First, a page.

Thailand’s Election Commission plans to meet members of the nation’s biggest political parties today to discuss ways to ease tension before a Feb. 2 vote that’s being threatened by growing anti-government protests.
Groups opposed to caretaker Prime Minister Yingluck Shinawatra plan to surround government ministries and occupy 20 major intersections in Bangkok on Jan. 13 until she agrees to step down and allow an unelected council to reform the country’s electoral system, Suthep Thaugsuban, a former opposition lawmaker who is leading the movement, said yesterday.
Yingluck’s administration has endured more than two months of street demonstrations that Suthep says are aimed at erasing her family’s corrupting political influence. Allies of Yingluck’s brother, Thaksin Shinawatra, have won the past five elections, including two since his ouster in a 2006 coup. The baht fell for an 11th day today, the longest losing streak on record, and the benchmark stock index slumped to a 15-month low.
“At 9 a.m. on January 13 we will begin our seizure of Bangkok,” Suthep told supporters at Democracy Monument late yesterday. “We will stay as long as it takes to achieve our goal. After the seizure, we will set up a government and a parliament of the people.”
The baht retreated 0.1 percent to 32.906 per dollar from Dec. 27 as of 10:49 a.m. in Bangkok, according to prices from regional banks compiled by Bloomberg. It touched 32.958 today, the weakest level since March 1, 2010. The SET Index fell 2 percent to 1,272.27, headed for its lowest close since September 13, 2012. Hotel operator Dusit Thani Pcl slumped 7.4 percent and Central Plaza Hotel (CENTEL) Pcl, which owns hotels and restaurants, fell 4.6 percent on concern travelers may shun the Thai capital.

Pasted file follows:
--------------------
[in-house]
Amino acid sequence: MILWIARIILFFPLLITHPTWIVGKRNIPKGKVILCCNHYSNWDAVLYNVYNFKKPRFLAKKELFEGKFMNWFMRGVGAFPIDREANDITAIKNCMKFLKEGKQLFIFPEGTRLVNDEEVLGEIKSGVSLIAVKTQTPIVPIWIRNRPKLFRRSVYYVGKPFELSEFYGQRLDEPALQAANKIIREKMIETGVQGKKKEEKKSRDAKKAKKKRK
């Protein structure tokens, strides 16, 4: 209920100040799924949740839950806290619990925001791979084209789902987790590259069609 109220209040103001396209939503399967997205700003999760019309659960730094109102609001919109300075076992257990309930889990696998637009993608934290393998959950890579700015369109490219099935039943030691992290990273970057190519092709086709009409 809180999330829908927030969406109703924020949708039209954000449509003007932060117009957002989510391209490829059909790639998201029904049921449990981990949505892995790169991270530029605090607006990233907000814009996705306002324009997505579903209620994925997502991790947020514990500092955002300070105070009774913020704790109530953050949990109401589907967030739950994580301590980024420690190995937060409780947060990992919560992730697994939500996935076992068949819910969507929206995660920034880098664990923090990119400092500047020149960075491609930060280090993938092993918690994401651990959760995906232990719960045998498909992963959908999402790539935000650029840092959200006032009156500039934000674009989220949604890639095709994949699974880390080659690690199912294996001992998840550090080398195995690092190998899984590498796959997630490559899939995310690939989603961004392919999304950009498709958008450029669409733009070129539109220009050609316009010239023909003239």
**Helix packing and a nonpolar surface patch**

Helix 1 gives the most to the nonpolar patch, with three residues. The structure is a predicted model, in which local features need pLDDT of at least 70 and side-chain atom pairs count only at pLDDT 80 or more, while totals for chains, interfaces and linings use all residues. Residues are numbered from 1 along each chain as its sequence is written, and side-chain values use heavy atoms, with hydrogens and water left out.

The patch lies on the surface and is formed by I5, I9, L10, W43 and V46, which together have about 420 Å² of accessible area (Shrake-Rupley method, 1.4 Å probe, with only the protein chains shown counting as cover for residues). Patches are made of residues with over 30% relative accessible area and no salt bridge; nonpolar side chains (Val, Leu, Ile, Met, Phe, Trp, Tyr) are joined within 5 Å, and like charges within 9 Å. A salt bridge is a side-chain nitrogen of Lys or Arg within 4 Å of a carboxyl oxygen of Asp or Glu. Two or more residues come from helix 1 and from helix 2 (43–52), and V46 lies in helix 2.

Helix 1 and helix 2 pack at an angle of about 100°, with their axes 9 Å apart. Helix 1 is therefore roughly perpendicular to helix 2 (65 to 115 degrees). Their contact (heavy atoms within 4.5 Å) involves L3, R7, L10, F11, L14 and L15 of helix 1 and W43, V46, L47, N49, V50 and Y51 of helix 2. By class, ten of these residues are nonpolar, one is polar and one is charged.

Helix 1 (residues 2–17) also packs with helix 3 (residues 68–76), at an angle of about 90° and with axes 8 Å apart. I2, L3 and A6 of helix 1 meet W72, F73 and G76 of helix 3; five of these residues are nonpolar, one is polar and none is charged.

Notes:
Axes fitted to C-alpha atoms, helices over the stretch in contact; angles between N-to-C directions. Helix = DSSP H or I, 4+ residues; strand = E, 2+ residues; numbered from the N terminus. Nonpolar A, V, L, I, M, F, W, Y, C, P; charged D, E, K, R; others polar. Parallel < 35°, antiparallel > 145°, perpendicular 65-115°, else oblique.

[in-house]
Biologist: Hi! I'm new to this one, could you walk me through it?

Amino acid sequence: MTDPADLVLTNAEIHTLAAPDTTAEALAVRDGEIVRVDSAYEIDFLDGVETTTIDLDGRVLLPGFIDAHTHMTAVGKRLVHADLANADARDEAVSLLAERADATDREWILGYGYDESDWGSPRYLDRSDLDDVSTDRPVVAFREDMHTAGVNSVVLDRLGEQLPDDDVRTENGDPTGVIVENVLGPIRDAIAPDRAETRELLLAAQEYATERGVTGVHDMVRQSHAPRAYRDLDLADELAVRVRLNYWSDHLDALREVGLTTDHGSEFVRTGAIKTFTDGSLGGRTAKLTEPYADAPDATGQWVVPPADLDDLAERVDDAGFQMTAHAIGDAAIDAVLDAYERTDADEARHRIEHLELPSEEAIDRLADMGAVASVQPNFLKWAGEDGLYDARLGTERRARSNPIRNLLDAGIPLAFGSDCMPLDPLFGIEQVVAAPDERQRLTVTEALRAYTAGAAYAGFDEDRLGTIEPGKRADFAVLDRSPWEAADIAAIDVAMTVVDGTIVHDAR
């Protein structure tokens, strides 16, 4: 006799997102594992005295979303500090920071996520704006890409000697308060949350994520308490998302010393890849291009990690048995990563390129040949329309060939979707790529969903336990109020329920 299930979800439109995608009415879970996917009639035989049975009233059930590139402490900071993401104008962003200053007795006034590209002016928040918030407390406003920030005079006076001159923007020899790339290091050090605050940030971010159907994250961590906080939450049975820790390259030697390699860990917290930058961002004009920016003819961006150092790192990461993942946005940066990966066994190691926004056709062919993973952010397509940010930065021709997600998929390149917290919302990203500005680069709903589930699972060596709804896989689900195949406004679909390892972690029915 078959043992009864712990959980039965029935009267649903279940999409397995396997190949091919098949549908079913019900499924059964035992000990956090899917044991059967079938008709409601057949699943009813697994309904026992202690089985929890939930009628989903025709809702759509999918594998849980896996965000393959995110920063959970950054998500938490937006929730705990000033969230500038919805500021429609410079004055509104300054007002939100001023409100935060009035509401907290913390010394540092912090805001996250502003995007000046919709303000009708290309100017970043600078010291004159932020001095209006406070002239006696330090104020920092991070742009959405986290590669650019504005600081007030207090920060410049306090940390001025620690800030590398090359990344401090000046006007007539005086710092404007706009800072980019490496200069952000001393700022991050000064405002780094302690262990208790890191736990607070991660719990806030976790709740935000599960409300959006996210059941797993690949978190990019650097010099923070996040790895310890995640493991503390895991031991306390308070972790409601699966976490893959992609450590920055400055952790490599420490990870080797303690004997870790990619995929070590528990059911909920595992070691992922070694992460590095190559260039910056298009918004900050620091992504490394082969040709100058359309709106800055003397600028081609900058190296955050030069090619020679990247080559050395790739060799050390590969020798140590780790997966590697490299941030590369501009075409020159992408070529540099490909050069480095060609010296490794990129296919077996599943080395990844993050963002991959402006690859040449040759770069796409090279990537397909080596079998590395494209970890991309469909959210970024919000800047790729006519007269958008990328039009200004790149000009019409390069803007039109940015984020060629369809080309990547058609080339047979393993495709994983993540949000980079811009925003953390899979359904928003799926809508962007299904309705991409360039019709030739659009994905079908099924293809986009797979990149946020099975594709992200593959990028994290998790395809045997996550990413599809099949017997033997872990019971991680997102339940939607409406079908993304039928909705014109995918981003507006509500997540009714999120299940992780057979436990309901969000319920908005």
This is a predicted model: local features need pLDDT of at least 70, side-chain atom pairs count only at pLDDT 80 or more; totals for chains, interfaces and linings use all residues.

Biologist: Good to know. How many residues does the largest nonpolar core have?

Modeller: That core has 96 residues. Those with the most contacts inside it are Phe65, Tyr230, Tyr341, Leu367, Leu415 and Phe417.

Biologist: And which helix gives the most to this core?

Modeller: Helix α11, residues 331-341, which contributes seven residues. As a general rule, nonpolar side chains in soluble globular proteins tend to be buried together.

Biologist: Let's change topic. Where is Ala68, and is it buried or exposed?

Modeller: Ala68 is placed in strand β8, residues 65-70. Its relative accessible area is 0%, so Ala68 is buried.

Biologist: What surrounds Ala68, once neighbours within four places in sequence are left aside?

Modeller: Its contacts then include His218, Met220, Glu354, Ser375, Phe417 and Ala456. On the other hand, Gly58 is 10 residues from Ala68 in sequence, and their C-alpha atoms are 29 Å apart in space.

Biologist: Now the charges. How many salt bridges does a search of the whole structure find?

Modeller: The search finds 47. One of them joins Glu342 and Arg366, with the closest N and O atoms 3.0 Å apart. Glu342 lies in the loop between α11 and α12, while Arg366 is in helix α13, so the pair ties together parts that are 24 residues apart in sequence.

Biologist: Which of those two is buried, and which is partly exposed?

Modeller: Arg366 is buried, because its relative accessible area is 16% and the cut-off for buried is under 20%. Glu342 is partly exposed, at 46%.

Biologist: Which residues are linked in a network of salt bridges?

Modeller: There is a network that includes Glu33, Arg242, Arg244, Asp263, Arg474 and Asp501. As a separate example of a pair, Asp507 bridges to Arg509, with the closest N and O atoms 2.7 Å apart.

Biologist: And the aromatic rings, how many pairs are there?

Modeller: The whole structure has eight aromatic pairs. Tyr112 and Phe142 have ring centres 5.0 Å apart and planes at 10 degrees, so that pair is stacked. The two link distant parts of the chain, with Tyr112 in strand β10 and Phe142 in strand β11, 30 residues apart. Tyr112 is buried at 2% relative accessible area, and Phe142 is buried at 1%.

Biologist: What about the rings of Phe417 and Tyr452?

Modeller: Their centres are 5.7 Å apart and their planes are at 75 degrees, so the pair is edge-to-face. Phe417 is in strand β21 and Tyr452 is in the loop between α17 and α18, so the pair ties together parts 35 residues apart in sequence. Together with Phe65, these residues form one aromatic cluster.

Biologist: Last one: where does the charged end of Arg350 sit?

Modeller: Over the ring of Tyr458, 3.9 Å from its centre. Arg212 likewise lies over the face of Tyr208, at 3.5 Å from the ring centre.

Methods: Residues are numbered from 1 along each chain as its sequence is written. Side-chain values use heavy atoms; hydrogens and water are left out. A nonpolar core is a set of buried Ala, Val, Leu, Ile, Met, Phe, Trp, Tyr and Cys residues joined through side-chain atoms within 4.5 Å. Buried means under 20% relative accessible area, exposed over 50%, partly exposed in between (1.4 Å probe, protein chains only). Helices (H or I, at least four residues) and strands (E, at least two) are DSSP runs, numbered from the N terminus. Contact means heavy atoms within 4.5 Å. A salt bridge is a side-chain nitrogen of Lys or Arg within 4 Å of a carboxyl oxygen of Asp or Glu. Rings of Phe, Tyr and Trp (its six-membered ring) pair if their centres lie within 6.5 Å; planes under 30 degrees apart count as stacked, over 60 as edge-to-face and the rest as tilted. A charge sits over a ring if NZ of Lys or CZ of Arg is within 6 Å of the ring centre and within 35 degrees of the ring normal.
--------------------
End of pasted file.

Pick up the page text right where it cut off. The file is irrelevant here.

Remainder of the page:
Election commissioners plan to meet with representatives of Yingluck’s Pheu Thai party and the opposition Democrat party later today, Commissioner Somchai Srisuthiyakorn said yesterday. Eight people have been killed in clashes between rival political groups in the past month.
Suthep’s supporters say Thailand’s electoral democracy must be suspended so an appointed council can rewrite the political rules to make sure Yingluck and her family can’t return to power. Anti-government groups say Thaksin’s electoral dominance in the country’s rural north and northeast is based on populist policies that damage the nation’s economy.
The protesters are closely aligned with the Democrat party, which plans to boycott the poll. The party and protesters say Yingluck’s government is illegitimate and run from abroad by Thaksin, who faces a two-year jail term for corruption if he returns in a case he says is politically motivated.
Yingluck’s offers to negotiate with the protesters have been refused. She has ruled out resigning to make way for the unelected council, saying the roughly 16 million people who voted for her in 2011 should have a say in choosing the nation’s political future at the ballot box.
Yingluck has asked the military to help the police maintain order before the election, the Bangkok Post reported today, citing an unidentified person at the Defense Ministry.
The army is at “a difficult crossroad,” Army Chief Prayuth Chan-ocha said last week. When asked whether the door remained open for the army to stage a coup, Prayuth said “I won’t say open or closed. Everything depends on the situation.” Thailand has experienced nine coups and more than 20 prime ministers since 1946.
Suthep said 20 protest stages will be erected at major intersections in Bangkok and demonstrators will cut the supply of power to Government House and the homes of Yingluck and her ministers, he said.
In past months, the protesters have occupied ministry buildings and Government House, and cut power to Bangkok police headquarters. Candidates for the Feb. 2 election weren’t able to register in 28 southern constituencies because demonstrators blocked the venues, the Bangkok Post reported today.
The police haven’t executed arrest warrants issued for Suthep and other protest leaders, and have mostly avoided clashing with demonstrators because of concern that bloodshed may prompt the army to step in to restore order.
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